Rantz: WA Supreme Court legalized drugs, violent criminals will be released early

Feb 25, 2021, 8:31 PM | Updated: Feb 26, 2021, 5:31 am
Follow @https://twitter.com/jasonrantz...

The Washington State Supreme Court effectively legalized drugs in a stunning and dangerous decision. Thousands of violent felons, like child rapists, could be released as a result.

The misguided court’s split ruling declares the state’s felony drug possession law is unconstitutional. Consequently, police departments across the state, including in Seattle and Tacoma, will no longer arrest individuals for simple drug possession.

The court’s claim makes little sense. It’s driven by ideology. And the only way to correct this egregious ruling is through the Legislature. But state Democrats were already actively pursuing drug legalization, making a fix unlikely.

Drugs were legalized in Washington

The state Supreme Court argued that the mere act of finding an illicit substance on someone’s person or on their property is not enough to prove they had any intent to possess those drugs. In other words, they could unknowingly be in possession of heroin or cocaine and they shouldn’t have to prove to the court that they are innocent. We can pretend this frequently happens, I guess.

As such, RCW 69.50.4013 Section 1 “violates the due process clauses of the state and federal constitutions and is void.” But without this statute, simple possession of a drug cannot be prosecuted.

Caught with an alarming amount of heroin that you’re likely selling? And this wasn’t your first time? Just claim you didn’t know you had it. The Supreme Court thinks it’s reasonable to assume the person didn’t know they were in possession.

One wonders if this ridiculous standard would apply to carrying an illegal gun or having child pornography on your laptop. The court’s twisted logic suggests merely claiming you didn’t know you had it should give you a pass.

The Washington Association of Prosecuting Attorneys emailed county attorneys who advise law enforcement. They told them to warn law enforcement agencies that “police officers must immediately stop making arrests or issuing citations for simple possession of drugs. No search warrants. No detentions upon suspicion of simple possession awaiting canine units, etc.”

“[The Washington Supreme Court] basically created new constitutional doctrine in order to strike down the statute, instead of just reading a requirement of intent into the statute,” former Washington Attorney General Rob McKenna told the Jason Rantz Show on KTTH.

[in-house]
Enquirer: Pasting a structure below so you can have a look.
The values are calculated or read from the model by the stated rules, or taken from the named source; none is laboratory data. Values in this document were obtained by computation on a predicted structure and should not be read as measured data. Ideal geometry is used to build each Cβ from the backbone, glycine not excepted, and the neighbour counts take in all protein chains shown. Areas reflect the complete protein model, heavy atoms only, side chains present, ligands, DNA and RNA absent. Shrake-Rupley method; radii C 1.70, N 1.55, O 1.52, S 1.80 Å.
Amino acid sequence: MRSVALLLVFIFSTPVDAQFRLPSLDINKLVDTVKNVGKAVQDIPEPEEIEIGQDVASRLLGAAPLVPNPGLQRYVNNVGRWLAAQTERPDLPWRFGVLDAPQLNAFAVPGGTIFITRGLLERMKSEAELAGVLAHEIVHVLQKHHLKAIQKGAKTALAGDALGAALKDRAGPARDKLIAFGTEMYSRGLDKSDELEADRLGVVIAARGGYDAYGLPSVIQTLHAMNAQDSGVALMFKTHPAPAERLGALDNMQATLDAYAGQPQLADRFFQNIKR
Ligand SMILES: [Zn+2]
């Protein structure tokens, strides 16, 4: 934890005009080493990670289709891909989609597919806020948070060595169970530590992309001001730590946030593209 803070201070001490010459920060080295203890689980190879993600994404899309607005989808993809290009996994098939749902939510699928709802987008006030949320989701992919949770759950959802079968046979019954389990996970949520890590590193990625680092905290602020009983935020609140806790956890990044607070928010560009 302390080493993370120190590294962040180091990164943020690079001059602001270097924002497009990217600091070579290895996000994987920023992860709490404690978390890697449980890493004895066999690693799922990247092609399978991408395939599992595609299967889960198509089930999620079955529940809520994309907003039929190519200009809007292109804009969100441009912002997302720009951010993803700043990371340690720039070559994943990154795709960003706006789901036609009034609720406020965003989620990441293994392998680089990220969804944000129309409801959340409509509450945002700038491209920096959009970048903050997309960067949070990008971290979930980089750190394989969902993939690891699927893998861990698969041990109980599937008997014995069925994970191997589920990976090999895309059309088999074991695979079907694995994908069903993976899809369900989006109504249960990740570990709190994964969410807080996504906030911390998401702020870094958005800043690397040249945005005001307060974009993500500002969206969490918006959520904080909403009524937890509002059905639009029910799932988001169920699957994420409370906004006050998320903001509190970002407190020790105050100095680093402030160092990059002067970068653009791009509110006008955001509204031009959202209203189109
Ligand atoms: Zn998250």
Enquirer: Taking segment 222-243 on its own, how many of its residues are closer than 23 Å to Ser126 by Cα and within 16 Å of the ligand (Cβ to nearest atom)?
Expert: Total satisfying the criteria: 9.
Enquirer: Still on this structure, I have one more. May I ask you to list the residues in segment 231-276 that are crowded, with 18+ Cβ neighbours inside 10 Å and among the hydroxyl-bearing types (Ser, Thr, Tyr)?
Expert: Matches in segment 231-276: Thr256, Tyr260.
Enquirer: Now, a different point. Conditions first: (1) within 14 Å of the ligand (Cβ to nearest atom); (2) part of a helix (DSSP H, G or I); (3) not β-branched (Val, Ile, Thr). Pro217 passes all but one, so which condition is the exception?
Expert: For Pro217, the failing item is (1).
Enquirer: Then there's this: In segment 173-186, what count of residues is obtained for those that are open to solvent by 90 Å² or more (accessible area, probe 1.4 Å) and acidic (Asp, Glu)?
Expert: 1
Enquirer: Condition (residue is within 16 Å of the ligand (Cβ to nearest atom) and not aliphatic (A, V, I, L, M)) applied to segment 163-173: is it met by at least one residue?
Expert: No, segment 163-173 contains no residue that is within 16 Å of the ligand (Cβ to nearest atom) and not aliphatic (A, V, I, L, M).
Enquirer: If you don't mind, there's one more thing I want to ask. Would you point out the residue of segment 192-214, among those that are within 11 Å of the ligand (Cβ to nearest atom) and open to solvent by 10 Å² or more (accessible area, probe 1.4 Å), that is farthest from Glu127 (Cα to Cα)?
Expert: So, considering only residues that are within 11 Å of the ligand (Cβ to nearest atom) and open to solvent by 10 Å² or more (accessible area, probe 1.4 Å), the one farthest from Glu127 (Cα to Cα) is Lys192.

Justices Sheryl Gordon McCloud, Mary Yu, Raquel Montoya-Lewis, G. Helen Whitener, and Chief Justice Steven Gonzalez are responsible for this ruling. These are all elected positions.

Violent criminals will likely be released early now

Charges of simple possession aren’t always just about simple possession. It’s a way to get dangerous criminals off the streets via an easily provable offense.

Oftentimes, serious criminals cover their tracks well — a drug operation, for example, where law enforcement knows they’re acting illegally, but are struggling to find witnesses willing to testify or direct evidence tying the suspect to the crime. But they could be caught with enough drugs on their person that it could be charged, taking a dangerous criminal off the streets.

What’s worse, this ruling impacts criminals that don’t immediately come to mind.

When a judge sentences a criminal, the time served is based on a number of issues, including past crimes. This decision is retroactive and will mean thousands of cases have to be resentenced. If a child rapist earned extra time because of prior drug possession charges, that extra time is gone and would result in a quicker release. That’s justice served?

There’s little to be done

This ruling even alarms King County Prosecutor Dan Satterberg. He rarely prosecutes drug possession cases, yet he’s asking the Legislature to “act with a sense of urgency to add the necessary elements to make this statute constitutional this session, and not leave a defective statute on the books.”

Why the concern? The statute the court is pretending is unconstitutional can be used to prosecute drug dealers and prolific offenders. Satterberg’s office often downgrades drug crimes, like dealing, to simple possession. Are you connecting the dots yet?

The only way to fix the mess this ruling caused — a position the five Justices took knowing its implications — is indeed through the Legislature. That won’t happen.

Washington Democrats were already in the process of passing The Pathways to Recovery Act, which would legalize personal possession of all drugs, regardless of intent. It was pitched as a way to help addicts, though it would just lead to their overdose deaths. It seems unlikely the state Legislature, under radical Democrat control, will act.

“I wouldn’t count on the Legislature riding to the rescue here,” McKenna said.

WA Supreme Court was political

It’s clear the state Supreme Court took this issue on via a social justice lens, not a legal one.